Local government revenue
We provide a block grant to local authorities that makes up around 85% of their net revenue expenditure, with the remainder coming mostly from local taxation, i.e. council tax.
This arrangement was agreed as part of the joint service delivery relationship established under the Concordat agreement of 2007, and updated as part of the agreement reached on the 2010 spending review and 2011 spending reviews. The Concordat gave councils greater control over their budget and the management of their services.
The block grant is made up of three parts:
Additional support is available through the Bellwin Scheme.
General Revenue Grant
We pay local authorities a General Revenue Grant (GRG), previously known as a Revenue Support Grant, to support their general net revenue expenditure.
The size of the grant is calculated to make up the difference between a local authorities' standard spending assessment (how much it will need to spend to provide a standard level of service), and the sum of resources obtained from national non-domestic rates and council tax.
We decide how much each local authority will receive as a GRG by using Grant Aided Expenditure (GAE) calculations and projections. GAE figures determine what share of the total revenue funding each local authority should receive on the basis of relative need.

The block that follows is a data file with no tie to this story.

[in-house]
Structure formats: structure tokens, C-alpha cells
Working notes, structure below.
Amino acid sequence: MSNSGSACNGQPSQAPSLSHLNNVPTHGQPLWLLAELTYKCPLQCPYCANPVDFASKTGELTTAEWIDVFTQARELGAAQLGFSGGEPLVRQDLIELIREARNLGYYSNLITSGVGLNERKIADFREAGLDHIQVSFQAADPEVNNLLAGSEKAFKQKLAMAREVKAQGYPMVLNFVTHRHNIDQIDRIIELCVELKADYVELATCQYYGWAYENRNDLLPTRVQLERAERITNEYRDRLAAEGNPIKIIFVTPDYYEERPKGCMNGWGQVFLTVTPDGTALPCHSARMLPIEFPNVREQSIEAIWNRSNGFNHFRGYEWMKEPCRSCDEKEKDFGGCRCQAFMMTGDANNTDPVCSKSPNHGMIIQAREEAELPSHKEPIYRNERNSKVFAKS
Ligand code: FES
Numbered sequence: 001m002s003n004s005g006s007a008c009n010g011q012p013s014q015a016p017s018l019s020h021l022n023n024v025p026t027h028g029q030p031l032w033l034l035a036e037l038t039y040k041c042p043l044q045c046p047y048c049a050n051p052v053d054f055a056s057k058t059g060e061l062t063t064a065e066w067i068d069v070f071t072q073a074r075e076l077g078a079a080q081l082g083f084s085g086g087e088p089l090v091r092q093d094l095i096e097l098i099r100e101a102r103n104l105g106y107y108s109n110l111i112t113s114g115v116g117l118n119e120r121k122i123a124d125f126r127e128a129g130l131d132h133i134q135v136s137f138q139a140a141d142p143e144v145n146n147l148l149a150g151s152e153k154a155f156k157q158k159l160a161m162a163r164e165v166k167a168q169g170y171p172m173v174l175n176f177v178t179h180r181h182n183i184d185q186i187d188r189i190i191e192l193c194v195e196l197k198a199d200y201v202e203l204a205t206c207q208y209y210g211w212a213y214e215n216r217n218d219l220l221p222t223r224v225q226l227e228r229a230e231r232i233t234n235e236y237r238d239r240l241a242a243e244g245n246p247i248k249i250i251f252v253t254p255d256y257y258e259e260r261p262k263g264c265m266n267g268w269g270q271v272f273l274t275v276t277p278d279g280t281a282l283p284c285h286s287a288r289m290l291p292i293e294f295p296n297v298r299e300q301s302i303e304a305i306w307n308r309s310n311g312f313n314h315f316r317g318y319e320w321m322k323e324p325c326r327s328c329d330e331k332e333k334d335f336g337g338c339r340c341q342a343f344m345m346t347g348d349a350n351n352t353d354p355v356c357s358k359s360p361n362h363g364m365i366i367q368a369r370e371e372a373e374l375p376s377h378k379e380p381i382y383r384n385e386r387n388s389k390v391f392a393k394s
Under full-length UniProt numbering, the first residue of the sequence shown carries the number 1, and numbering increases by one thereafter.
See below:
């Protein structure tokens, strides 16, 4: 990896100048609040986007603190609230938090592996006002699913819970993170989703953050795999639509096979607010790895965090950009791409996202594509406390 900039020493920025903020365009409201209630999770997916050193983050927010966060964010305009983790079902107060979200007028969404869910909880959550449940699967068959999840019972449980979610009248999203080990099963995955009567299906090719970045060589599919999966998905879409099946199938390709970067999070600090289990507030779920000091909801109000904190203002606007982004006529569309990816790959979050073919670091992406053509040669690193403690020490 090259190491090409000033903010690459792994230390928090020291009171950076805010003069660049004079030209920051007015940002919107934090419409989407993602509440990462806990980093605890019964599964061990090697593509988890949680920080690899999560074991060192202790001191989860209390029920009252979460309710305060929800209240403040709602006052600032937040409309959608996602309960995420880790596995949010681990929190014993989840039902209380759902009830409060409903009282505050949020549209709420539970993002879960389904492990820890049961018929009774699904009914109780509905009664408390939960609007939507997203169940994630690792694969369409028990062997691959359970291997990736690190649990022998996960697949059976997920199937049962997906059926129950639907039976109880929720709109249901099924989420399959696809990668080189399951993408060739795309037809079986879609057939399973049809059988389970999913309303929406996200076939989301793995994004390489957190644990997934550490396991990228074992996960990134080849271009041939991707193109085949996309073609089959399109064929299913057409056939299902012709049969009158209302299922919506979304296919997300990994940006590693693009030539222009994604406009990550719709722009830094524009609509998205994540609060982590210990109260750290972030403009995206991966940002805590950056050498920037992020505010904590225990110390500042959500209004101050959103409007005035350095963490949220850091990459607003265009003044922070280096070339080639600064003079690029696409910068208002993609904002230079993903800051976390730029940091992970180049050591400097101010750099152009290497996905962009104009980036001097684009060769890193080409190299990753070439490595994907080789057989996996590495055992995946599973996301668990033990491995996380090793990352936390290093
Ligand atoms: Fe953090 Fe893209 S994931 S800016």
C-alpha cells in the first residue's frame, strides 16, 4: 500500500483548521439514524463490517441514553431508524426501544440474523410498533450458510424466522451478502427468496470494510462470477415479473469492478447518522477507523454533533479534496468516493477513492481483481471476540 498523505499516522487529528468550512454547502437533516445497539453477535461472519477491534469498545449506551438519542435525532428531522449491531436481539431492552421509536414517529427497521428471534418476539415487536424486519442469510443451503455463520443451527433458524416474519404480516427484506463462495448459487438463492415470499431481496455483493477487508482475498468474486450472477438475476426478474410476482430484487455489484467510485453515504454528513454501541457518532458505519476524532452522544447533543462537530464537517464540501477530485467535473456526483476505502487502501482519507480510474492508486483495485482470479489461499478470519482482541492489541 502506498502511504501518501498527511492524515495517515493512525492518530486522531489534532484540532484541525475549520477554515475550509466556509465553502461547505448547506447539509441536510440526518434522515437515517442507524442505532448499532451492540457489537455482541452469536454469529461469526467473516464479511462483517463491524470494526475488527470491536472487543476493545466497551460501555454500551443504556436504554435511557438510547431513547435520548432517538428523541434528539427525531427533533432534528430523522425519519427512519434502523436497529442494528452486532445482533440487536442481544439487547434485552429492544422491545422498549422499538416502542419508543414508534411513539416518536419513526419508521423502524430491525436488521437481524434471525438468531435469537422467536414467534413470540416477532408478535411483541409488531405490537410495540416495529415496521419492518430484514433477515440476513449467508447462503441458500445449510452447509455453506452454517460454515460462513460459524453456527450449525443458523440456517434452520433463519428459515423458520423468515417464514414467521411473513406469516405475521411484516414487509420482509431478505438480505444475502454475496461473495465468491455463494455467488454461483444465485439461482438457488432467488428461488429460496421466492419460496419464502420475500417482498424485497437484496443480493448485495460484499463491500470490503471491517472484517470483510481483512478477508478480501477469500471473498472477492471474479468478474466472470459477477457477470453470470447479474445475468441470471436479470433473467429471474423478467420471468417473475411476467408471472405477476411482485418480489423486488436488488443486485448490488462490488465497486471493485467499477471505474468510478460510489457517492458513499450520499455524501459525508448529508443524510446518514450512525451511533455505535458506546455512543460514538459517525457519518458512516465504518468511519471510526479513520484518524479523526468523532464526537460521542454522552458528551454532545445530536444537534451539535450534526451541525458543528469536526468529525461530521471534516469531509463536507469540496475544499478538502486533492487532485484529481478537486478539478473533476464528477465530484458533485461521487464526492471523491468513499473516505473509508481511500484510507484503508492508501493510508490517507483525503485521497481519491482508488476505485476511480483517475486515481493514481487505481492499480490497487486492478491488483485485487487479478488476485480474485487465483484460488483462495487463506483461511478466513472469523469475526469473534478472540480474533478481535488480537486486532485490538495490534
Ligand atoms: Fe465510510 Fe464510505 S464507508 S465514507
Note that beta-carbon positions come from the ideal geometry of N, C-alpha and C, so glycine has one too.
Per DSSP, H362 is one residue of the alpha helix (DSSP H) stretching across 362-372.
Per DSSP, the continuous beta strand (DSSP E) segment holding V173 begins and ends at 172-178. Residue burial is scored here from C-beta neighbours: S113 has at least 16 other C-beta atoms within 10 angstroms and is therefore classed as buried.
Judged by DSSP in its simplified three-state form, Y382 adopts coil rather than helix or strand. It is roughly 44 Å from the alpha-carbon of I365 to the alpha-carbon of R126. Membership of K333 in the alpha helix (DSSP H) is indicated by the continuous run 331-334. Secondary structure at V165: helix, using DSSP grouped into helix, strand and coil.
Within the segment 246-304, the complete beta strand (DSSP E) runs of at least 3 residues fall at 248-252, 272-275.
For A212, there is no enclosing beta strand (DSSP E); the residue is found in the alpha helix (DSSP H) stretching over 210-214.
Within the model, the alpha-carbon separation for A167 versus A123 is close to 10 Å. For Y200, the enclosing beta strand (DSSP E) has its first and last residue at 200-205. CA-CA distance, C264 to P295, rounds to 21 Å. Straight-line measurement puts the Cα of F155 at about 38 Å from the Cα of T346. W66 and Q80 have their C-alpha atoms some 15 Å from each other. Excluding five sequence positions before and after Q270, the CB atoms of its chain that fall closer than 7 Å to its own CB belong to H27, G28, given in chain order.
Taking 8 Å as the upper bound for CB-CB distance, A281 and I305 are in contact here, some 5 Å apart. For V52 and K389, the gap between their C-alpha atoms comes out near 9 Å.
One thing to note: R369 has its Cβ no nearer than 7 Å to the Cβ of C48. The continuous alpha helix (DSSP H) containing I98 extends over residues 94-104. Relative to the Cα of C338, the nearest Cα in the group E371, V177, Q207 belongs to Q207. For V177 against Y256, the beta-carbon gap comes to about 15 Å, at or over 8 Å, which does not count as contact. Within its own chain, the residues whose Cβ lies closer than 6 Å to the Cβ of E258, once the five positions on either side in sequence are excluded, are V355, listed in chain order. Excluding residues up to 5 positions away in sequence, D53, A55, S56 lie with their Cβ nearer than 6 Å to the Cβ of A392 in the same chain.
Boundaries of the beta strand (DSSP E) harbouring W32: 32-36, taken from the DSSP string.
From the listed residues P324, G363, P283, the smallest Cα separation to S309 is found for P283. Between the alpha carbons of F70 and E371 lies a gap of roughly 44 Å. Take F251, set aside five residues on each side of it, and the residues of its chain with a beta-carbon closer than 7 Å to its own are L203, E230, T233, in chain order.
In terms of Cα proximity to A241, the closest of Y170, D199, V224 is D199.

We agree the GAE calculations and projections in consultation with the Convention of Scottish Local Authorities (COSLA), using indicators such as population, pupil numbers, and deprivation. Find more information in the GAE statistics.
Non-Domestic Rates Income
Non-Domestic Rates Income (NDRI) is set centrally and pooled centrally but generated locally, and is distributed back to local authorities through a distribution formula agreed with COSLA as part of the local government finance settlement. Each council's share of the estimated NDRI for the year ahead is distributed proportionately on the basis of councils' latest mid-year income returns net of prior-year adjustments. Find more information on non-domestic rates.
Specific Revenue Grants
We set the allocation and distribution of Specific Grants in connection with specific policy initiatives and expectations. The grants can only be used for specific services, so are known as ring-fenced funding. The 2018 to 2019 Specific Grants are for Gaelic, the Pupil Equity Fund, the early learning and childcare expansion, and criminal justice social work. The amounts each local authority receives for these Specific Grants are detailed in the local government finance circulars.
The Bellwin Scheme is discretionary and exists to give emergency financial assistance to local authorities who would otherwise suffer an undue financial burden as a result of providing relief and carrying out immediate work due to large-scale emergencies. There is no automatic entitlement to assistance, and local authorities are expected to reserve a small amount of their annual budget for dealing with unforeseen emergencies.
Find more information in the Bellwin Scheme: guidance and application form.